they are more likely to push the brand and link to the site
points are created free but give some perception of value
users create free content for the site even when you are not doing so.
some of their content will rank in search results. today I did a search for search engine marketing and saw Google listing a link for recent blog posts listing this post
contributors might give you good marketing ideas or help you catch important trends before competitors do
people who spend lots of time contributing tend not to value their time too much AND are hard to profit from (especially in savvy marketplaces that ignore ads).
having many relationships allows you to be a connector that knows someone for just about any job, but focusing heavily on building community and maintaining the many relationships needed to do so may hold you down on the value chain. A few strong relationships will likely create more value than many weak ones, especially as we run into scale related issues.
if your site is not authorititative, user generated content may waste your link authority and lead to keyword canibalization
if your site is authoritative many people will look for ways to leverage your domain or authority
as you get more authoritative more people will try to exploit it. even friends get aggressive with it, and unless you call people out it gets out of control quickly.
as you extend your commitments, spending time to police a site, it is harder to change course. I get frustrated when I see spam on the homepage of ThreadWatch, but I guess I can't be surprised people do it, and due to database issues I am uncertain if I will be able to upgrade TW without just archiving the old information and switching to a new CMS.
some people looking to promote their work may spam or aggressively associate your brand with the articles they wrote. For example, is this comment spam? Or is it good?
If a relationship is affiliate based it is quite easy to police undesirable activity by banning accounts, but if people are adding content to your site and marketing it aggressively in ways that may not bode well with your brand it might be harder to police it, especially as you scale your community. And typically the people that are most likely to give you crap for it are hypocritical with their beliefs.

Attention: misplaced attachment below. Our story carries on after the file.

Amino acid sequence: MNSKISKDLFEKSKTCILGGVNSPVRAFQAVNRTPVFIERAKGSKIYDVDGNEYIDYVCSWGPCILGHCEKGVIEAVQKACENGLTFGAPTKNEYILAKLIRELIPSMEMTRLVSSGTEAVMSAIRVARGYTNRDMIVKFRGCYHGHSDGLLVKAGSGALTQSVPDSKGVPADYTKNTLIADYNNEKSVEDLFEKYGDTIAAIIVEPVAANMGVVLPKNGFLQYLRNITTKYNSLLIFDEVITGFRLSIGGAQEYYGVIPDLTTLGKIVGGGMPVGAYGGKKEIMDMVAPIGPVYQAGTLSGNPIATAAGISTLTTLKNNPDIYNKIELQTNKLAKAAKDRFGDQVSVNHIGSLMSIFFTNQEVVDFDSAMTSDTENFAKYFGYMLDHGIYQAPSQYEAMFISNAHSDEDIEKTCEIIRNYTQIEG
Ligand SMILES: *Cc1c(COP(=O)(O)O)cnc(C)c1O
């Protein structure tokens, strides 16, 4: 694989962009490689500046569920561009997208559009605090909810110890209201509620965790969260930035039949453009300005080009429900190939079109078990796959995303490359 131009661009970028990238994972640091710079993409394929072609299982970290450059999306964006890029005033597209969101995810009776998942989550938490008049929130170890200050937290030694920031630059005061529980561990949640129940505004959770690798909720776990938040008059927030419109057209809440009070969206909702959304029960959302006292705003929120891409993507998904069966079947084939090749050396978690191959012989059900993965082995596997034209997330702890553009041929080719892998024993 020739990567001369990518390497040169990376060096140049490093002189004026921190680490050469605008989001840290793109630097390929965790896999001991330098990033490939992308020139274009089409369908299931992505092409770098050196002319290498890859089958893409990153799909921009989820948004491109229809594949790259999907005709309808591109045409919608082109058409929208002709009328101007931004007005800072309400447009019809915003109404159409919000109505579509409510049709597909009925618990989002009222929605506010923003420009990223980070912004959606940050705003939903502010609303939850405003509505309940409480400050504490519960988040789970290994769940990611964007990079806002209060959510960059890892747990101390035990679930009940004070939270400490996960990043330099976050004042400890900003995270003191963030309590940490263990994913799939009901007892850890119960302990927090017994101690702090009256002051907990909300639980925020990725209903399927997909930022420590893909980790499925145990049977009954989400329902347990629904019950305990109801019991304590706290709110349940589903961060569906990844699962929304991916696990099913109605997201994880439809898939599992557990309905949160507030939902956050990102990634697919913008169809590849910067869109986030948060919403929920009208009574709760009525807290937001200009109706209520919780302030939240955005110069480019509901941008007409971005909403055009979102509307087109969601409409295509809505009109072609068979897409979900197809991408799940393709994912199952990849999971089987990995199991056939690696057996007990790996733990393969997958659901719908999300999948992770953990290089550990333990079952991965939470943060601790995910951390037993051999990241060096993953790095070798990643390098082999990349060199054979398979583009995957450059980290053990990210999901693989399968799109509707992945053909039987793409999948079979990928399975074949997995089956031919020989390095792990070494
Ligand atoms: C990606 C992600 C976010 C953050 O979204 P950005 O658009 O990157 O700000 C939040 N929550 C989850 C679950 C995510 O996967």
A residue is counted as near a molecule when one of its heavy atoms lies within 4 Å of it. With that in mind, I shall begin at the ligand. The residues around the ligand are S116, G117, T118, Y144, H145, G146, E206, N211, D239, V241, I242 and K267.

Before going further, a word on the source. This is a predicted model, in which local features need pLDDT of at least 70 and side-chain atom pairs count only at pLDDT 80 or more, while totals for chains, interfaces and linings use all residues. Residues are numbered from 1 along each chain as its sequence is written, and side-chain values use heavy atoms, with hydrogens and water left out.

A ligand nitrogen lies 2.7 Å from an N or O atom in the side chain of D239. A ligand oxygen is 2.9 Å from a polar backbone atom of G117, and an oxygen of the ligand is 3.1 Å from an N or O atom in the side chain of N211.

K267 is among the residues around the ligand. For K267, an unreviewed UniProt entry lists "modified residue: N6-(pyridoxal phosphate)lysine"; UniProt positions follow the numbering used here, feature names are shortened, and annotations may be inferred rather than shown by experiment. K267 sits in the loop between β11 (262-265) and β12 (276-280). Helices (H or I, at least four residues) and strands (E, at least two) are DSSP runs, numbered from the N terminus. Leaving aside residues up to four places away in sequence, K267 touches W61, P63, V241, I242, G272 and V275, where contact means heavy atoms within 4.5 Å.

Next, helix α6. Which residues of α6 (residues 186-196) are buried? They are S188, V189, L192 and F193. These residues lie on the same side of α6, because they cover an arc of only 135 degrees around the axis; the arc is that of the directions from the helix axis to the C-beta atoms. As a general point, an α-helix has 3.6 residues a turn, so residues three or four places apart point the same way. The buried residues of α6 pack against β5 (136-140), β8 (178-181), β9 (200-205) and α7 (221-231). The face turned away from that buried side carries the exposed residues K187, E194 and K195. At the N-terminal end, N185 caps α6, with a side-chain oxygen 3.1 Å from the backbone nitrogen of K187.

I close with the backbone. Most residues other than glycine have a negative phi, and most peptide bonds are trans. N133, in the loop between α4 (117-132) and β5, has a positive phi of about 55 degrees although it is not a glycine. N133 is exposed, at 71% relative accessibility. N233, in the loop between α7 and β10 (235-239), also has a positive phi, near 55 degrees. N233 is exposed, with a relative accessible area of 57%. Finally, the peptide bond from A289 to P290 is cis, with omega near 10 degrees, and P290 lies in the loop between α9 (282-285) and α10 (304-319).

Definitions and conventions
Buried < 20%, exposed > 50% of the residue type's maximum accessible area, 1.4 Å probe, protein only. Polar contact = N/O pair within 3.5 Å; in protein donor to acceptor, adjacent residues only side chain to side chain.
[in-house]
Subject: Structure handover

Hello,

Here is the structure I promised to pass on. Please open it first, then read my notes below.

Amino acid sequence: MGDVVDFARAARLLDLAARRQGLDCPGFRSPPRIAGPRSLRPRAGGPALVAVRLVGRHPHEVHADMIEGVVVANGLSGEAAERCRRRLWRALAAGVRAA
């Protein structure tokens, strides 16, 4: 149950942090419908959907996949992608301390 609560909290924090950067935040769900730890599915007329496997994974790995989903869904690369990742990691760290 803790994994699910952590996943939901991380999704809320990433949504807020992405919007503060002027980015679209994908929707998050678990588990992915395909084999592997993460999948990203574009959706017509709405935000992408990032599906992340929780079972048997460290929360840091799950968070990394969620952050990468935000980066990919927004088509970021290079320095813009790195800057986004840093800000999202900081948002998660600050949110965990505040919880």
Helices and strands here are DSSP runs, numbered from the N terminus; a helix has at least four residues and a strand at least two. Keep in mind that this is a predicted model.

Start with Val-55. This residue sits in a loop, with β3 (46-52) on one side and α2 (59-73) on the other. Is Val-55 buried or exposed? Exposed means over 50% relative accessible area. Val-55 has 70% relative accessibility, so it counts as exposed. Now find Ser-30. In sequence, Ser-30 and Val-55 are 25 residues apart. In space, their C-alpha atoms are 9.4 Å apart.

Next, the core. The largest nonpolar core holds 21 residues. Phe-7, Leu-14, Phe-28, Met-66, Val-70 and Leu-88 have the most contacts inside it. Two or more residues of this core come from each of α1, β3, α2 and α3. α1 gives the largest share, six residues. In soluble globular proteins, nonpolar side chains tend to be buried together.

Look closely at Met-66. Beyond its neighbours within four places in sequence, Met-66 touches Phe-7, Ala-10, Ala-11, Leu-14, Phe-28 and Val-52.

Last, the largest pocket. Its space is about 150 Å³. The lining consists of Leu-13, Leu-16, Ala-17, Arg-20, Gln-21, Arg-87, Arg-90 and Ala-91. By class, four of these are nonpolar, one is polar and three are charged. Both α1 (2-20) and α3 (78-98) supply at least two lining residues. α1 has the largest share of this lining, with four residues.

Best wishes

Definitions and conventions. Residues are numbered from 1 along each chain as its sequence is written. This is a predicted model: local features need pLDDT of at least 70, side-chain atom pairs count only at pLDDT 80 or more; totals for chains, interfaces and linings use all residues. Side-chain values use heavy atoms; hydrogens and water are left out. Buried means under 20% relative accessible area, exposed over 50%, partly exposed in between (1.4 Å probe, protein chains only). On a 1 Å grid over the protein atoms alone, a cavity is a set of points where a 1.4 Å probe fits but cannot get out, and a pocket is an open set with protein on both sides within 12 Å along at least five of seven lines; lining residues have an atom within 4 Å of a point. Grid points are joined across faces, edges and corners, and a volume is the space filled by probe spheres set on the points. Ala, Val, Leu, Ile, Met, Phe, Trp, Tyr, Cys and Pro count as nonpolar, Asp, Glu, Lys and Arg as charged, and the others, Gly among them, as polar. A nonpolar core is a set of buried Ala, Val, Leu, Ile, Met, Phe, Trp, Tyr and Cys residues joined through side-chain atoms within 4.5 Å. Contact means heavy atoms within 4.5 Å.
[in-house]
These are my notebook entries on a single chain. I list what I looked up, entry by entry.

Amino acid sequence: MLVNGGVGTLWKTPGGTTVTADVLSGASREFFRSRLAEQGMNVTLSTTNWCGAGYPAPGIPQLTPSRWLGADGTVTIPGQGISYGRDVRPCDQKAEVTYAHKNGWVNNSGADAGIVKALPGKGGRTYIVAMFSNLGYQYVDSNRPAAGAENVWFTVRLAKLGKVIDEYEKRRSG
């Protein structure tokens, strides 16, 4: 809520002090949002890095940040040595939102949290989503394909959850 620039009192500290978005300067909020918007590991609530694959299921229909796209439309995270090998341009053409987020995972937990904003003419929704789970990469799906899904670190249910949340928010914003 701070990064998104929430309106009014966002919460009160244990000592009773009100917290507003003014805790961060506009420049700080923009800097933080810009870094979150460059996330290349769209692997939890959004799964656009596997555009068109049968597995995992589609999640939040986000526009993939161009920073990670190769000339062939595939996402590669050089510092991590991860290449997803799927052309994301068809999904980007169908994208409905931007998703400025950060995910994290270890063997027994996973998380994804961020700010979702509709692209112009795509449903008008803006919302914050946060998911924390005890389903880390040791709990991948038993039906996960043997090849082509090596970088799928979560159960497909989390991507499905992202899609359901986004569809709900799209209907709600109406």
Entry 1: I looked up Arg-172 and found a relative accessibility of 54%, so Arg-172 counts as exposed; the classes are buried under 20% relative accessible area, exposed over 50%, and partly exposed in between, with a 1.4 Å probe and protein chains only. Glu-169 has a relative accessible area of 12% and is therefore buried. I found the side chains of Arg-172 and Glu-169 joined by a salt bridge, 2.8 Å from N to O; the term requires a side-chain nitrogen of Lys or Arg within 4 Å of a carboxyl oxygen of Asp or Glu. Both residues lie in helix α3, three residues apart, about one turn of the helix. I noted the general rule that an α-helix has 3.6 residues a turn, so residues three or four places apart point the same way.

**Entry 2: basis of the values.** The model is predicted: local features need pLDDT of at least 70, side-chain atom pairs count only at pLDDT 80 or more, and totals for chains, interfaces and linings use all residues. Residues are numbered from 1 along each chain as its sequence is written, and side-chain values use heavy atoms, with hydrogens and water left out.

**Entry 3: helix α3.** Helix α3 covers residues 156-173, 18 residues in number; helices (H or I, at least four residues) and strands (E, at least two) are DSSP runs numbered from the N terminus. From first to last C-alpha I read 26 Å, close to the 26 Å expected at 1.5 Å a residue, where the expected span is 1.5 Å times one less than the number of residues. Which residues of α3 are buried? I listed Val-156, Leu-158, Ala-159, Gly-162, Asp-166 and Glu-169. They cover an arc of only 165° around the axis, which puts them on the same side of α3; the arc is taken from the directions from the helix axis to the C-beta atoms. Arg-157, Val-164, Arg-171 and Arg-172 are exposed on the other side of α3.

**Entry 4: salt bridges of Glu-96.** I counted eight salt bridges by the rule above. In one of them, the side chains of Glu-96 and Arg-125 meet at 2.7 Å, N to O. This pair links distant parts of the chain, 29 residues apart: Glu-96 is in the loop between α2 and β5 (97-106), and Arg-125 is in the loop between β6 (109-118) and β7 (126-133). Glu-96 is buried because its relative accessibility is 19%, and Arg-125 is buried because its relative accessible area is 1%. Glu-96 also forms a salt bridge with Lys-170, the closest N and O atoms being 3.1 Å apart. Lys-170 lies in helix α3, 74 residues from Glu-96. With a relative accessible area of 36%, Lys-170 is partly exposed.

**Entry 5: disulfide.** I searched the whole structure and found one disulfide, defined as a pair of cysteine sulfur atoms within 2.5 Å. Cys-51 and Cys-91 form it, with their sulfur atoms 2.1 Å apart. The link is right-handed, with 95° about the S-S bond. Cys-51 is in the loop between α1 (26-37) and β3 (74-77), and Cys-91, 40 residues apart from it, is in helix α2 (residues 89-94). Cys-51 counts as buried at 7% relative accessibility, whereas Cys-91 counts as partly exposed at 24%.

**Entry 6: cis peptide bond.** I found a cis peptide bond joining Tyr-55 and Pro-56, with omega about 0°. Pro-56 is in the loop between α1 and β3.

I think on the whole a community section is a pretty good idea if you tie it into a paid content model, but even when you do that you will still run into scale issues if you provide any type of support for the paid content. I have over 600 emails in my inbox, and recently stopped advertising free consulting with an ebook purchase because I stopped scaling as a person. As your profits scale the opportunity cost of any one revenue channel become more apparent. That is one of the things which has prevented me from putting a forum or community section on this site.
If you duplicate on a small scale duplicate content does not hurt you (other than perhaps wasting some of your link authority), but if you do it on a large scale (affiliate feed or similar) then it may suck a bunch of link equity out of your site, put your site in reduced crawling status, and / or place many of your pages in Google's supplemental results. Jilll's article mentioned the difference between penalties and filters:
Search engine penalties are reserved for pages and sites that are purposely attempting to trick the search engines in one form or another. Penalties can be meted out algorithmically when obvious deceptions exist on a page, or they can be personally handed out by a search engineer who discovers an infraction through spam reports and other means. To many people's surprise, penalties rarely happen to the average website. Most that receive a penalty know exactly what they did to deserve it.
From a search engineer's perspective, the line between optimization and deception is thin and curvy. Because that is the case it is much easier for Google to be aggressive with filters while being much more restrictive with penalties.
From my recent experiences most sites that lost rankings typically did so due to filters, and most site owners that got filtered have no idea why they were filtered. If you were aggressively auto-generating sites your experience set might be different (biased more toward penalized over filtered), but here are examples of some filters I have seen:
Duplicate Content: This filter doesn't matter for much of anything. Only one copy of a syndicated article should rank in the search results. If they don't rank all of them who cares? Even though duplicate pages are filtered out of the search results after the search query, they still pass link authority, so the idea of remixing articles to pass link authority is a marketing scam.
Reciprocal Linking: Natural quality nepotistic links are not bad (as they are part of a natural community) but exclusively relying on them, or letting them comprise most of your link authority is an unnatural pattern. A friend's site that was in a poor community had their rankings sharply increase after we removed their reciprocal link page.